3. Submitted by Dennis Schapiro on 08/29/2011 - 12:09 pm.

    Would this article have been different if it began with the fact that enrollment is increasing?

    The district is still not likely to quickly embrace dreamy or idiosyncratic plans from outside, but it’s not necessarily a tale of “shrinking enrollments, hemorrhaging budgets, racial and socioeconomic inequities and a yawning achievement gap.”

  4. Submitted by Ray Schoch on 08/29/2011 - 01:10 pm.

    Based on 30 years in a public school classroom (in another state), I’m both skeptical and hopeful, and in a few years, I will be demanding.

    The skepticism comes from those classroom years, during which a superintendent never visited my classroom, and a principal visited once a year, for a single class – a visit upon which an entire year’s worth of instruction was supposed to be evaluated. You’ll pardon me if I label that process as an insult, with a strong overtone of the laughable. Rare, indeed, is a superintendent of any urban school district, or a suburban one of any size, who actually has any idea what goes on in the district’s classrooms, or why. My district saw a succession of superintendents, some promoted from within, some the result of what was said to be a “nationwide search.” In more instances than not, methods, practices and attitudes thought necessary for success according to superintendent ‘A’ were deemed to be anathema by superintendent ‘B,’ and irrelevant by superintendent ‘C,’ whose “vision” focused on other matters.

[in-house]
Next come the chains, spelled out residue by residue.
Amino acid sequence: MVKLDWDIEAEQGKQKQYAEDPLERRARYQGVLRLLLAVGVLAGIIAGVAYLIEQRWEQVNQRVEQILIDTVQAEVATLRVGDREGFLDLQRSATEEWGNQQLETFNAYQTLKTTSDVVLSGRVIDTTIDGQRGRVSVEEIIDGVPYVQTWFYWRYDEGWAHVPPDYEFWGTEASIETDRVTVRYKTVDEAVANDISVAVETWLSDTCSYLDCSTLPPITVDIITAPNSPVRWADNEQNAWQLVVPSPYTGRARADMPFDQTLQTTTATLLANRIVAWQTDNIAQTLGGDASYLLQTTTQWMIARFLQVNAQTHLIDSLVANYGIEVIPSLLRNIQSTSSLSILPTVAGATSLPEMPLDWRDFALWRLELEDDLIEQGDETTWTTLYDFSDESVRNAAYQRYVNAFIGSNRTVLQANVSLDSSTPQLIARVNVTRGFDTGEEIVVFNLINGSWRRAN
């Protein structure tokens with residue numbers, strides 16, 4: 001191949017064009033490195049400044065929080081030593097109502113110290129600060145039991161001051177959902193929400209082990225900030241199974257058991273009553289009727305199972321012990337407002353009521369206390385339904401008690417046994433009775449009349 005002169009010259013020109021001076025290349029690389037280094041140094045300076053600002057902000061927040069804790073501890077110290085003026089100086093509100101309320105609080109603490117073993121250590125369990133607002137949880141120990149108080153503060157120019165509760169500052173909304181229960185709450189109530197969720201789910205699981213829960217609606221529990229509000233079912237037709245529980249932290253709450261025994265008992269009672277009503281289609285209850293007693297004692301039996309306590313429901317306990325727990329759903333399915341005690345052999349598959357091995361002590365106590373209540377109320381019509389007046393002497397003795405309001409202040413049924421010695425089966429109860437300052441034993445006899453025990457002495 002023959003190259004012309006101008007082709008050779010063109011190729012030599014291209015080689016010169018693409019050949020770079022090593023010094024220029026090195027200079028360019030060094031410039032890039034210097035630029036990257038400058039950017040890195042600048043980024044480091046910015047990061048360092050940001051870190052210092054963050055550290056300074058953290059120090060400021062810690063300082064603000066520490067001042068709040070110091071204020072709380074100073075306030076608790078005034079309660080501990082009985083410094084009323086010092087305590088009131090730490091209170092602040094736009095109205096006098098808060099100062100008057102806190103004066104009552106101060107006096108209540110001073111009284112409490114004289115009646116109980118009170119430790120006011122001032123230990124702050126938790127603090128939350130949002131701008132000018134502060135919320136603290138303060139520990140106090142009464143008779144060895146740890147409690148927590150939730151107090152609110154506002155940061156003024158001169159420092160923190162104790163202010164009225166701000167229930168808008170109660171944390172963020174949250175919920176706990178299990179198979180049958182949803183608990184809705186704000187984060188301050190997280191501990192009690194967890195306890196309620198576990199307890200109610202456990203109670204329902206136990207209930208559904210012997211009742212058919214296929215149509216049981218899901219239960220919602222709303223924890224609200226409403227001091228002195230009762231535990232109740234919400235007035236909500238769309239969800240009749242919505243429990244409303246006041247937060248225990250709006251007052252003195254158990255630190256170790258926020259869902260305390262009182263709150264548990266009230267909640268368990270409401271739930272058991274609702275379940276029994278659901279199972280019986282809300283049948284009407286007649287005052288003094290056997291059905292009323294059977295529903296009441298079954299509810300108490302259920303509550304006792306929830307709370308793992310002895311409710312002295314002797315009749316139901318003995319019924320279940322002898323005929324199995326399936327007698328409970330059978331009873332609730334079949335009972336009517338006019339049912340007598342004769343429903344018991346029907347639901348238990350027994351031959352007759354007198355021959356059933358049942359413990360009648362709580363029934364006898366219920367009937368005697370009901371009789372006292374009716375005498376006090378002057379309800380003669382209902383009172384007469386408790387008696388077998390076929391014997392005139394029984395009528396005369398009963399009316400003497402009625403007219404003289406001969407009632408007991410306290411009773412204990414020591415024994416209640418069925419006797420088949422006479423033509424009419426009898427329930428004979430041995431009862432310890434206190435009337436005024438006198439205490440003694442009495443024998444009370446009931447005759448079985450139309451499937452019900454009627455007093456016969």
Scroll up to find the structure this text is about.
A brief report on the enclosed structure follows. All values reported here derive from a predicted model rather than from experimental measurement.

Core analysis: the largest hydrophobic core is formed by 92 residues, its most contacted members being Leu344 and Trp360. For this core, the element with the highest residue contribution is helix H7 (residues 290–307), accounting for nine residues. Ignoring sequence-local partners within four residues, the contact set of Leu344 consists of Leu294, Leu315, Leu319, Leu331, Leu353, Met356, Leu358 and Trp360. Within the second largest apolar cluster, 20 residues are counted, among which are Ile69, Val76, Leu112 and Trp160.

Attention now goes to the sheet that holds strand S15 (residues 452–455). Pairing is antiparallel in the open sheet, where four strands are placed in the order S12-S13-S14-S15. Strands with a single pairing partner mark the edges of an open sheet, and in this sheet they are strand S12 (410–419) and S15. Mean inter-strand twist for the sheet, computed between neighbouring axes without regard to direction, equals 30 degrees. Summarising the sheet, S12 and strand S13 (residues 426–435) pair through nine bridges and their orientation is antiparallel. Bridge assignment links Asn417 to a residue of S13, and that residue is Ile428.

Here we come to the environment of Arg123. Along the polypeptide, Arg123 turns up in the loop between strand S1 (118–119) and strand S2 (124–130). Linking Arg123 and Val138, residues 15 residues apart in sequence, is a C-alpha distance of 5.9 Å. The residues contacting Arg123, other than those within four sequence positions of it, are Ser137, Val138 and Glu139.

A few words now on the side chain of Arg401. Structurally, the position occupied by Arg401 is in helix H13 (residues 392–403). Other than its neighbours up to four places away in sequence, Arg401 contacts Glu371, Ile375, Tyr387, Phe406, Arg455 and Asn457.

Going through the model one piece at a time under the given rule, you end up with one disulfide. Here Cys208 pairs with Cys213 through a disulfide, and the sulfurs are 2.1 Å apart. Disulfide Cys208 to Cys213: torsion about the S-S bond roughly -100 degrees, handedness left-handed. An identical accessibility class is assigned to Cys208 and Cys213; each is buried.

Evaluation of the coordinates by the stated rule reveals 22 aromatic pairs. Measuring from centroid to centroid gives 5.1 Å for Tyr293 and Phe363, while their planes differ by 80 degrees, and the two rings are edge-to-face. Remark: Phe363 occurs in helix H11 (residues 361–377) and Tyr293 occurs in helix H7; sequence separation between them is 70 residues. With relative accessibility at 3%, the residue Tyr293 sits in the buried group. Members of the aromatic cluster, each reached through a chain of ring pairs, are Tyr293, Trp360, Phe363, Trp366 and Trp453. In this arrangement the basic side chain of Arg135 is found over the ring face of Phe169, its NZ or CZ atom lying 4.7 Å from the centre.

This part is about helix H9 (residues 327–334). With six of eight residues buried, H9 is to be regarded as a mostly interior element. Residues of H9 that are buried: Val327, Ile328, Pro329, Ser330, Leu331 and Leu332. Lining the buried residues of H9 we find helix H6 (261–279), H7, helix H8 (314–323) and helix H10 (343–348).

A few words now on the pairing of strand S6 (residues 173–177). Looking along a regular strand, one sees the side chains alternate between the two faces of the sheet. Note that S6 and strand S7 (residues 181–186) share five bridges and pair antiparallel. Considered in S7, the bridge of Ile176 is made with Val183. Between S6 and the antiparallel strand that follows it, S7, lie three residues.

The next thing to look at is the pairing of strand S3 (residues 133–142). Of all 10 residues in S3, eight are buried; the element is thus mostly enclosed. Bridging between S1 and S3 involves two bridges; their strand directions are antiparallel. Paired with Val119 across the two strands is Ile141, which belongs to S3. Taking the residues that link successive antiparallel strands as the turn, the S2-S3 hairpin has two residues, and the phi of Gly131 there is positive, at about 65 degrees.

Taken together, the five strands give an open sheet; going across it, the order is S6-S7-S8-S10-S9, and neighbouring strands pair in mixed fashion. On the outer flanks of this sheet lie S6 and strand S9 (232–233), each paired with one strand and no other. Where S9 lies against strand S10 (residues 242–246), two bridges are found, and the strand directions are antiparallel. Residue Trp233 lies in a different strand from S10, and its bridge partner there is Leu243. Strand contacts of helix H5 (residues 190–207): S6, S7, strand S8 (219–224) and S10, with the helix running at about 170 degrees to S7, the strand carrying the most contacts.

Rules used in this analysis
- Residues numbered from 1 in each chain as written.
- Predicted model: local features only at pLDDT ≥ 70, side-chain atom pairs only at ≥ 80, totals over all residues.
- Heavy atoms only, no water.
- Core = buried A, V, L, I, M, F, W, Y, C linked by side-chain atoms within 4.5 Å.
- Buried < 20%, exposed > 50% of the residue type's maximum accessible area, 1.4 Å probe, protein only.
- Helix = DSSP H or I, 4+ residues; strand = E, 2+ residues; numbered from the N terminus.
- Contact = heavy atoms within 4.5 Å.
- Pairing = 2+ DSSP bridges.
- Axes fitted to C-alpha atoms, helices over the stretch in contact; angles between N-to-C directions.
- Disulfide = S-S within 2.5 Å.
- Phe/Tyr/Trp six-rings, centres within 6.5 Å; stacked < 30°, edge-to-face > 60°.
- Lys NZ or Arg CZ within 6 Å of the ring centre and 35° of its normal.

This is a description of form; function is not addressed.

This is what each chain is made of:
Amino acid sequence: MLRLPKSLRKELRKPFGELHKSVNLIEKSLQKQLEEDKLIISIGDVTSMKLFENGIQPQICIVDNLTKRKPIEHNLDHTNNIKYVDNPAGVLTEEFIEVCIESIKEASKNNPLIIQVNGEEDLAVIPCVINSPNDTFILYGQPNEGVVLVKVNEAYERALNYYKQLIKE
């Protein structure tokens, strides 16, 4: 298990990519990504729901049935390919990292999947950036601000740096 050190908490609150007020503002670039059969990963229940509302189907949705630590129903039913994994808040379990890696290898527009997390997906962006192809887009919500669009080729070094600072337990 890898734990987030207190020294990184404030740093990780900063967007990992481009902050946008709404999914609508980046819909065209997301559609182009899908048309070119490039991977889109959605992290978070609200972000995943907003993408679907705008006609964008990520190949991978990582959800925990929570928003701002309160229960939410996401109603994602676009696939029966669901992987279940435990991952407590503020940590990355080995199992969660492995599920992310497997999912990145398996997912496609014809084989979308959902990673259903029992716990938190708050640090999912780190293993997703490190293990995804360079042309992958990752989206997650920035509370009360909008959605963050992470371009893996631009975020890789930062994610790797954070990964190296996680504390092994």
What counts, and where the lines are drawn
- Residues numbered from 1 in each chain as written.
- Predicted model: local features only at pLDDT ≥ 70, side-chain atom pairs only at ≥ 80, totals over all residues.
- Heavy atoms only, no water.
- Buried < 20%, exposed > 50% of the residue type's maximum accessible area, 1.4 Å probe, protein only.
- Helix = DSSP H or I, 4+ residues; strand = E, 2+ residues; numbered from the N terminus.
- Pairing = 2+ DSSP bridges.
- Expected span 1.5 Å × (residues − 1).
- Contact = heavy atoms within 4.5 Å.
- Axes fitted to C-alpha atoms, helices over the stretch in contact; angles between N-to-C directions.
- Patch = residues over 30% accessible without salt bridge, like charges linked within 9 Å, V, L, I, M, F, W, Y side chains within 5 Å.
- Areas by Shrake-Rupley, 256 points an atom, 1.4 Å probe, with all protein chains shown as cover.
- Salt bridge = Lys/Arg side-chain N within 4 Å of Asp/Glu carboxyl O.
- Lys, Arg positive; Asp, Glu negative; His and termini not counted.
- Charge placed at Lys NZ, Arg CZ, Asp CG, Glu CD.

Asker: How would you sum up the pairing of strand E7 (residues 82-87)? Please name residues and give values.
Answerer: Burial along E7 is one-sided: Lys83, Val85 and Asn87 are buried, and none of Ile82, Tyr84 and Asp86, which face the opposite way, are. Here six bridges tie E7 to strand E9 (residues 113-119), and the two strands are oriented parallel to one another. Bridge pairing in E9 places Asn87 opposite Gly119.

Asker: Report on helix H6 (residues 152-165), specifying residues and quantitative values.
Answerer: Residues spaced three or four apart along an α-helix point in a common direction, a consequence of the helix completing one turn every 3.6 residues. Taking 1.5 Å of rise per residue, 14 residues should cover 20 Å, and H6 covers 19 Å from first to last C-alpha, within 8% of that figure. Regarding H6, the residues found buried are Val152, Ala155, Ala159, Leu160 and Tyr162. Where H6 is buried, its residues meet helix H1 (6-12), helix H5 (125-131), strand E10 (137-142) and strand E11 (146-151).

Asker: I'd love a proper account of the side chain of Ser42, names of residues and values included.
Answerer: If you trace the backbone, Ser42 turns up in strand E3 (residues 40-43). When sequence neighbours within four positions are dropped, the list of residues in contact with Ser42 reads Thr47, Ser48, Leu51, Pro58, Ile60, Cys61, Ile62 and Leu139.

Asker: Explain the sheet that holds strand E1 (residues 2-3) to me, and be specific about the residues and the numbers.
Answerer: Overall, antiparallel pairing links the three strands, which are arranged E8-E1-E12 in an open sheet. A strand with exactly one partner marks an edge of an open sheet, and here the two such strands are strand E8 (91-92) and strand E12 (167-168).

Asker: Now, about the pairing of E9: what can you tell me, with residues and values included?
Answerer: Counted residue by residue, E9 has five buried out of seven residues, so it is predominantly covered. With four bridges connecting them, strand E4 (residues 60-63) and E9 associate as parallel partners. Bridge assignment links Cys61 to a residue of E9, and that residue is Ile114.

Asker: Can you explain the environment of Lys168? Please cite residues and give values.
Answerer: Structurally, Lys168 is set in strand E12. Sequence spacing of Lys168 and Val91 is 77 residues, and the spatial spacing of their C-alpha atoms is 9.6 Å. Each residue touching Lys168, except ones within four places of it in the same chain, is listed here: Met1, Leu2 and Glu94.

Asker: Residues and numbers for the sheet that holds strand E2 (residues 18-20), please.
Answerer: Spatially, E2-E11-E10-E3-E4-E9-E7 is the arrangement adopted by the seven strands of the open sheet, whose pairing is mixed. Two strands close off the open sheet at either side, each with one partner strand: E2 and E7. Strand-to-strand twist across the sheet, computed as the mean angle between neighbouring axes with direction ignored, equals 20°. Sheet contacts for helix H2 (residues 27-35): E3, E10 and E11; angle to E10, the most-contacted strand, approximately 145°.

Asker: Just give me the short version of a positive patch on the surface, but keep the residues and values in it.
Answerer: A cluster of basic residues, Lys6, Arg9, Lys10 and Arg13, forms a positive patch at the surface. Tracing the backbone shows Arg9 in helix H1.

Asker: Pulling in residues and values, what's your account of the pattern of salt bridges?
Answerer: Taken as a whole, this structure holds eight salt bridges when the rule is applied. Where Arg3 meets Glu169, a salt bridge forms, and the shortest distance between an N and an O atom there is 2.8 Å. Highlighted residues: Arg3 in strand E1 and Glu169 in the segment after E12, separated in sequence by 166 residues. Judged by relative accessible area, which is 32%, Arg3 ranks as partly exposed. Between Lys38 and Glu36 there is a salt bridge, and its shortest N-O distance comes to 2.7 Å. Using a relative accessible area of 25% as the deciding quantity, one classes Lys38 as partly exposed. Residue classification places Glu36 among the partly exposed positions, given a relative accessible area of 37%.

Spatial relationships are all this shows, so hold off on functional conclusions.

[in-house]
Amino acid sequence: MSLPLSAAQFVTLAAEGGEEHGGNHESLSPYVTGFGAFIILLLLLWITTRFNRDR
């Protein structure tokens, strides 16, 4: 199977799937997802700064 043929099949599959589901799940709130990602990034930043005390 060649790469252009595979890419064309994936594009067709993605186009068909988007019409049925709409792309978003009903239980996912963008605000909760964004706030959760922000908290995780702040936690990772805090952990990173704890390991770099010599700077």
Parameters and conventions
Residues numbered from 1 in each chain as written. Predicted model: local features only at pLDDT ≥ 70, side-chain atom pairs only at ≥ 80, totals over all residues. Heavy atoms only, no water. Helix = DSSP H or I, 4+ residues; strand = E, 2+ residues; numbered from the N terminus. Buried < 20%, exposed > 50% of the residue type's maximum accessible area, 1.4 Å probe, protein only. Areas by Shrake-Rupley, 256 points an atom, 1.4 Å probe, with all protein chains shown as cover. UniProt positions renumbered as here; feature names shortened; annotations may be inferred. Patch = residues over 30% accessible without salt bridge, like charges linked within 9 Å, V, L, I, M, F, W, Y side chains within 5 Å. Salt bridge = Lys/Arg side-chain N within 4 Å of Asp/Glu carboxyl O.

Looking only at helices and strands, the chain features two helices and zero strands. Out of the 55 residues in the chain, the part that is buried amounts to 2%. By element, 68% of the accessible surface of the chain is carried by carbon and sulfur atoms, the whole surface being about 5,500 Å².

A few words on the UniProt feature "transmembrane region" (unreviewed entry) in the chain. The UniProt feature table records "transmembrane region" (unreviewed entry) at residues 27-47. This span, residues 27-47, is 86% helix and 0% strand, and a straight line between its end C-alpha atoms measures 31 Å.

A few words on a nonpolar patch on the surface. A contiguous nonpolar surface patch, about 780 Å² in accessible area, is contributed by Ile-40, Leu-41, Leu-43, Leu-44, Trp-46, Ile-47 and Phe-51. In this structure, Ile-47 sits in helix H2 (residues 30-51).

School district superintendents, like corporate CEOs, have their own agendas, which may or may not mesh successfully with the employees and patrons with whom they’re working. Also like most corporate CEOs, superintendents (and principals) with whom I worked were happy to accept credit for any success, and inclined to shrug off failure as the result of employees not dedicated enough to the task, or at the very least, to an administrative “vision.”

    And yet…

    Children and their parents still come to school hopeful – that this school will be better than the previous one, that this year will be better than last year, that this teacher will be nice, that this subject will prove unexpectedly interesting. Every year, every semester, every class, starts with hope, and for that reason, if for no other, Johnson deserves some support from thoughtful people in the community. The hard part is combining that hope with the necessary thoughtfulness and hard work – on the part of student, family, faculty and staff – to make the year a success in both personal and academic terms.